Helping small businesses choose between On-demand and On-premise software

Decisions on any technology closely tied to the financial health of a business should always be made carefully. This includes whether to select an on-demand or the on-premise model.

The following is a rundown on some of the merits and challenges of these two software delivery models, with a focus on the needs of small-to-midsize businesses.

On-Demand Software

This model offers several benefits for small businesses. It is considered a relatively low-risk investment because it has a lower cost of entry, there are no IT readiness issues, the time to productivity is shorter and users can access the software from either the workplace or a remote location.

  1.  Lower cost of entry: Many small companies are attracted by the "pay as you go" aspect of on-demand software, seeing on-demand as a way to avoid the large upfront investment required for software licenses and hardware. On-demand software providers typically charge on a subscription basis and do not require an investment in IT infrastructure. The software is managed at the vendor’s data center on the vendor’s hardware on behalf of the customer, reducing the hassles of ongoing IT maintenance.

  2.  No readiness issues: Generally speaking, the smaller the business, the less likely it possesses the time, money or expertise to purchase, manage and maintain an IT infrastructure. An on-demand application can eliminate many of these IT issues by outsourcing the setup and administration of the hardware and software to the software vendor. While on-demand software never completely obviates the need for on-site technical skill, it dramatically reduces the technical burden associated with the ongoing IT management of business software, enabling businesses to devote more of their time to higher-value activities.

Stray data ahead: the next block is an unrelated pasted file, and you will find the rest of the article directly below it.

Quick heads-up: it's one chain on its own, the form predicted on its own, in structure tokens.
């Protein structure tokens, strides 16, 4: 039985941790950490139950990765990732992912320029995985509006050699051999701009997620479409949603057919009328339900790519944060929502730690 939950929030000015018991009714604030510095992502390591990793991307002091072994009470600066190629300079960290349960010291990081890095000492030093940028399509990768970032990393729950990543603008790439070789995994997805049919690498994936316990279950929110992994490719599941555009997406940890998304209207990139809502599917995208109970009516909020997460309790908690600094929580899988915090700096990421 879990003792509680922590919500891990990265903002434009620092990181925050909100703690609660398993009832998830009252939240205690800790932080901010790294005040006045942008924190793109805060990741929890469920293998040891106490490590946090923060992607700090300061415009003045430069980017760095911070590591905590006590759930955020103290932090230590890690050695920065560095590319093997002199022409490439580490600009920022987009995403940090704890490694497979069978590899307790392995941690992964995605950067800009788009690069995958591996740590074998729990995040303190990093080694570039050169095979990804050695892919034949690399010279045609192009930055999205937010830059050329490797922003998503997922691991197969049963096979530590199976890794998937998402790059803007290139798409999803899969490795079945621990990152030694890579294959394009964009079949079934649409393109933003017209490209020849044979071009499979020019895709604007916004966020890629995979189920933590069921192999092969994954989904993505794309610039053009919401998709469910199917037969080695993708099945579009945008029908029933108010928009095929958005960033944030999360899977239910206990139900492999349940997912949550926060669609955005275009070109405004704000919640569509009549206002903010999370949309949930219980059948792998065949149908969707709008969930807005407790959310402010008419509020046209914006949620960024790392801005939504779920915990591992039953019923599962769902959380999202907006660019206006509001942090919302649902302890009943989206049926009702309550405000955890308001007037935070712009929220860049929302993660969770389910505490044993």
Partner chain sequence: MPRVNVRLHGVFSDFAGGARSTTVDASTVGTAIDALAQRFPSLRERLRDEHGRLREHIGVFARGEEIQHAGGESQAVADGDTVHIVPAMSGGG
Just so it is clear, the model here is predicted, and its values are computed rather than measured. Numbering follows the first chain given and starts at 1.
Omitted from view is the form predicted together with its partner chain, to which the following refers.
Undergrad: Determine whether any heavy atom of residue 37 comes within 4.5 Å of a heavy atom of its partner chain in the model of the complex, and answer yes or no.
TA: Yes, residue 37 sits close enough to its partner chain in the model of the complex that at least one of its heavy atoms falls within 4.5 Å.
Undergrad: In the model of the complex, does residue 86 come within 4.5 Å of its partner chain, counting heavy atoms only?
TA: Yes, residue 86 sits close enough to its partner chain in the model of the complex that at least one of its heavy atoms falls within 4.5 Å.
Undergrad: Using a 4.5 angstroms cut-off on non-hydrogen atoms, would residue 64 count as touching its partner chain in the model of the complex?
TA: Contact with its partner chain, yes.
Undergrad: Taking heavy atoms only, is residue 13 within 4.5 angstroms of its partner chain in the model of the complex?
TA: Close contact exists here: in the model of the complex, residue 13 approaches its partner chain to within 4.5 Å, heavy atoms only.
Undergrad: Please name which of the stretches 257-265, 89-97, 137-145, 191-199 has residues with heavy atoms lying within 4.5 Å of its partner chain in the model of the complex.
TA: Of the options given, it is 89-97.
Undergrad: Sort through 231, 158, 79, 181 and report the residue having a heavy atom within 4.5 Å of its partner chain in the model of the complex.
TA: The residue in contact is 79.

3. Shorter time to productivity: The competitive advantage for many small companies is their ability to be agile in responding to opportunities. A deployment that takes months can be a drag on companies. Because on-demand deployments are typically preconfigured and pre-installed by the vendor’s experienced IT staff, they are relatively speedy.

  4. Support for mobile users: Whether employees are in the office, at home or in a hotel room in another time zone, access to an on-demand application is identical. This means that there are no inherent compromises in functionality or difficulties in interacting with the application.

On-premise software

But the on-demand model isn’t necessarily right for every small business. The on-premise software option also has several benefits: It is considered a more cost-effective alternative over a three-to-five-year period of time, and it gives the user more local control, a deeper functionality set, faster speed and better ability to scale.

  1. Data accessibility and ownership: The biggest advantage of on-premise software is that businesses have complete control over their critical business data. This data is physically located on a business’s premises and does not require the transmission and storage of data off-site. Owning the hardware and supporting systems provides a business with maximum control.